Here’s one last image from Piran in sunny Slovenia. Looks like dishes, but in reality it is a decorated piece of wall under the window of an artisan’s shop.
People in the various parts of former Yugoslavia may have different opinions about that, but I never understood why the country exploded in such a burst of violence. Of course I saw documentaries on it and of course I read all about it in newspapers at that time, but still I wonder what exactly has turned to the better.
Slovenia has recovered very early. There was almost no war in this northernmost former province, and obviously the Serbs were not interested in holding them in the federation. Slovenia had no Serbian population and no historic ties to Serbia. After all it had just been a part of Austria for much of its history.
Serbia and Croatia were the big opponents. They share a language, but historically they had belonged to different spheres of influence for more than a thousand years.
The Serbs have first been vasalls of the Eastern Roman Empire, and when Constantinople fell, they were swallowed up by the Ottoman Turkish Empire. The first five hundred years gave them their Orthodox religion, the next five hundred left them with a strong desire for independence and self-determination, paired with a fair amount of paranoia and a glorification of their fallen heroes of the past.
Croatia on the other hand had been a part of Catholic Hungary, a state in union with Austria.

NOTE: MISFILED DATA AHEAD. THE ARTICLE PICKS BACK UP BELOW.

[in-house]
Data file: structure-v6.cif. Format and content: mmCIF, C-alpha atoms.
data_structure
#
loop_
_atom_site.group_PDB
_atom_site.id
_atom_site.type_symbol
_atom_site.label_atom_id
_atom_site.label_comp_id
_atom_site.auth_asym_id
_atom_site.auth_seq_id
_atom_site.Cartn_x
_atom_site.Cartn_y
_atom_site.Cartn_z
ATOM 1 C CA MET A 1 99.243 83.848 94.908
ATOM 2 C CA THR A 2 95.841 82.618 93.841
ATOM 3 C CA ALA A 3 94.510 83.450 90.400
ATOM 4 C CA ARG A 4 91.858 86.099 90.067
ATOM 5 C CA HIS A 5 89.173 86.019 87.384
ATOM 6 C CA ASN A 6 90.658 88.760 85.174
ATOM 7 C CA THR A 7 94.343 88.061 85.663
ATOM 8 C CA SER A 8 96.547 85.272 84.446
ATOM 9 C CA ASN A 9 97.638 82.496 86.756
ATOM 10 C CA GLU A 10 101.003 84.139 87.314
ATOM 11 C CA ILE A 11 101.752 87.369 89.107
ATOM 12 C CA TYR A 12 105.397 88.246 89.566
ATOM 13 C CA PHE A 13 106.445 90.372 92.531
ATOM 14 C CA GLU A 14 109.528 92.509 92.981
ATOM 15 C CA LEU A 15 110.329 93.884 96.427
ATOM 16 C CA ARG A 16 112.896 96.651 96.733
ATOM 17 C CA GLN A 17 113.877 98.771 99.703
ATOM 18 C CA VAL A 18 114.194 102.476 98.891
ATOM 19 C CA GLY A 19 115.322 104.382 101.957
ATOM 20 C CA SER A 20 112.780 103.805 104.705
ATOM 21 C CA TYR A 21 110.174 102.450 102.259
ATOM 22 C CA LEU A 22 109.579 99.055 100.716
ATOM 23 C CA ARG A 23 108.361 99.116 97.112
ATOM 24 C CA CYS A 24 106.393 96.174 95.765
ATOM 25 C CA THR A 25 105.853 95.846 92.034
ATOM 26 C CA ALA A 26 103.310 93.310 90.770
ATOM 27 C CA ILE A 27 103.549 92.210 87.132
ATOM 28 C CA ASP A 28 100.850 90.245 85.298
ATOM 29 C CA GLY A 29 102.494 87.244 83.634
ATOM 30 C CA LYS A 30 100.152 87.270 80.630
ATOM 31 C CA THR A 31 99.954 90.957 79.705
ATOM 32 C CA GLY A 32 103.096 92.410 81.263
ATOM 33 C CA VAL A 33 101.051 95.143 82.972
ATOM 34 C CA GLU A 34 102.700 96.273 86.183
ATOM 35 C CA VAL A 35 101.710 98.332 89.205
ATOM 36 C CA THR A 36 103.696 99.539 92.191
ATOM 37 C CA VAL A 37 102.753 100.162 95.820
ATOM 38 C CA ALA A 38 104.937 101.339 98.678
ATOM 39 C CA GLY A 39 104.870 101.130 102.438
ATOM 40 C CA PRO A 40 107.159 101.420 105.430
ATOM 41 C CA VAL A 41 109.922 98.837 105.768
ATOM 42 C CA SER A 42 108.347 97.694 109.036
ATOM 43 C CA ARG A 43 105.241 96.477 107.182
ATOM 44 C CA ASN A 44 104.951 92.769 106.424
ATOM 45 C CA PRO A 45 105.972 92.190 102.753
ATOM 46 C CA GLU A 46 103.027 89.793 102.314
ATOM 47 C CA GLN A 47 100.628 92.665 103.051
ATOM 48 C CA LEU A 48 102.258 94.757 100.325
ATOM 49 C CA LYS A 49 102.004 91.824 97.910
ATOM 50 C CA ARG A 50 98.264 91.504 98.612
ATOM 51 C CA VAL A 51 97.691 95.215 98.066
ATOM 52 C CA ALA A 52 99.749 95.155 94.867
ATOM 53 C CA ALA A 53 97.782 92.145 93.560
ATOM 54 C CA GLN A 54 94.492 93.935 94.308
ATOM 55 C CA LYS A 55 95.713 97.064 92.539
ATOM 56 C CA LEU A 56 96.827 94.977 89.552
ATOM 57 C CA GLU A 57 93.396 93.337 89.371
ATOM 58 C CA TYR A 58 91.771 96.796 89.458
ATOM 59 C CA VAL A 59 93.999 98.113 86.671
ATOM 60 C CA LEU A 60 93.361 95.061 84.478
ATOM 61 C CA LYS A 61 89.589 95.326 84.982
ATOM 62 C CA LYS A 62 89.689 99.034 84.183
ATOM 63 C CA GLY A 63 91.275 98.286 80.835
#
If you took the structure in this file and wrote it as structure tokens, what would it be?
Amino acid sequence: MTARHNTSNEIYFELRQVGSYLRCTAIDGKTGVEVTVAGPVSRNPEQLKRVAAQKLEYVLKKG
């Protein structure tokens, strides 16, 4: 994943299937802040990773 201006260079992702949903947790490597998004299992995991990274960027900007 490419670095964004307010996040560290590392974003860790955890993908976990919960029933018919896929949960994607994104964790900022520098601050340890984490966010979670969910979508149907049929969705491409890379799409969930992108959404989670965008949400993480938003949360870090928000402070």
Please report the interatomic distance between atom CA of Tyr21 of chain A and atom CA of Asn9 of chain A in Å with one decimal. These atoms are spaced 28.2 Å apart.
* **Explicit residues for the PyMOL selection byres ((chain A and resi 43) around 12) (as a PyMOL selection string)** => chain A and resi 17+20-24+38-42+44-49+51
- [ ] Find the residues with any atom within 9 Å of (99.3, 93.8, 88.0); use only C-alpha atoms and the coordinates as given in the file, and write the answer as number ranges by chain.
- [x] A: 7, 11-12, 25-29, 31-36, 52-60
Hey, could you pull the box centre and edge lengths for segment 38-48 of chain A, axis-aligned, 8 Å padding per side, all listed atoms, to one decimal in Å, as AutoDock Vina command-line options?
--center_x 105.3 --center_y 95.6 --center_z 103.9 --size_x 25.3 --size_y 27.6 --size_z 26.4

Together they had been joined in the comparatively short-lived Yugoslavian state. Still, that time had been long enough to mingle populations. In the end, after a bloody war, Serbia lost its access to the sea, the very mixed Bosnia is hardly more than a protectorate instead of a functioning state, and Croatia has recovered, mostly due to the beauty of its coastline and the resulting tourism.
Today both Slovenia and Croatia are members of the European Union, but there are still disputes about Slovenia’s access to the sea. The problem is, that Slovenia’s short coast is within a small gulf and that its connection to the sea is so narrow, that it leads through Croatian and Italian waters. I’m not even sure what the whole dispute really is about. Most likely it is about fishing rights.
In any case I find it unfortunate that Yugoslavia broke up at all. If it had not, if it had just made a transition from communism to moderate capitalism, for instance like Slovenia did, everybody would have been better off and a huge number of lives would have been spared.
Today’s pictures were taken in the small, picturesque town of Piran, one of the most beautiful places on Slovenia’s coast. I used the Panasonic 12-32, an extremely light and small collapsible lens that rarely sees the light any more.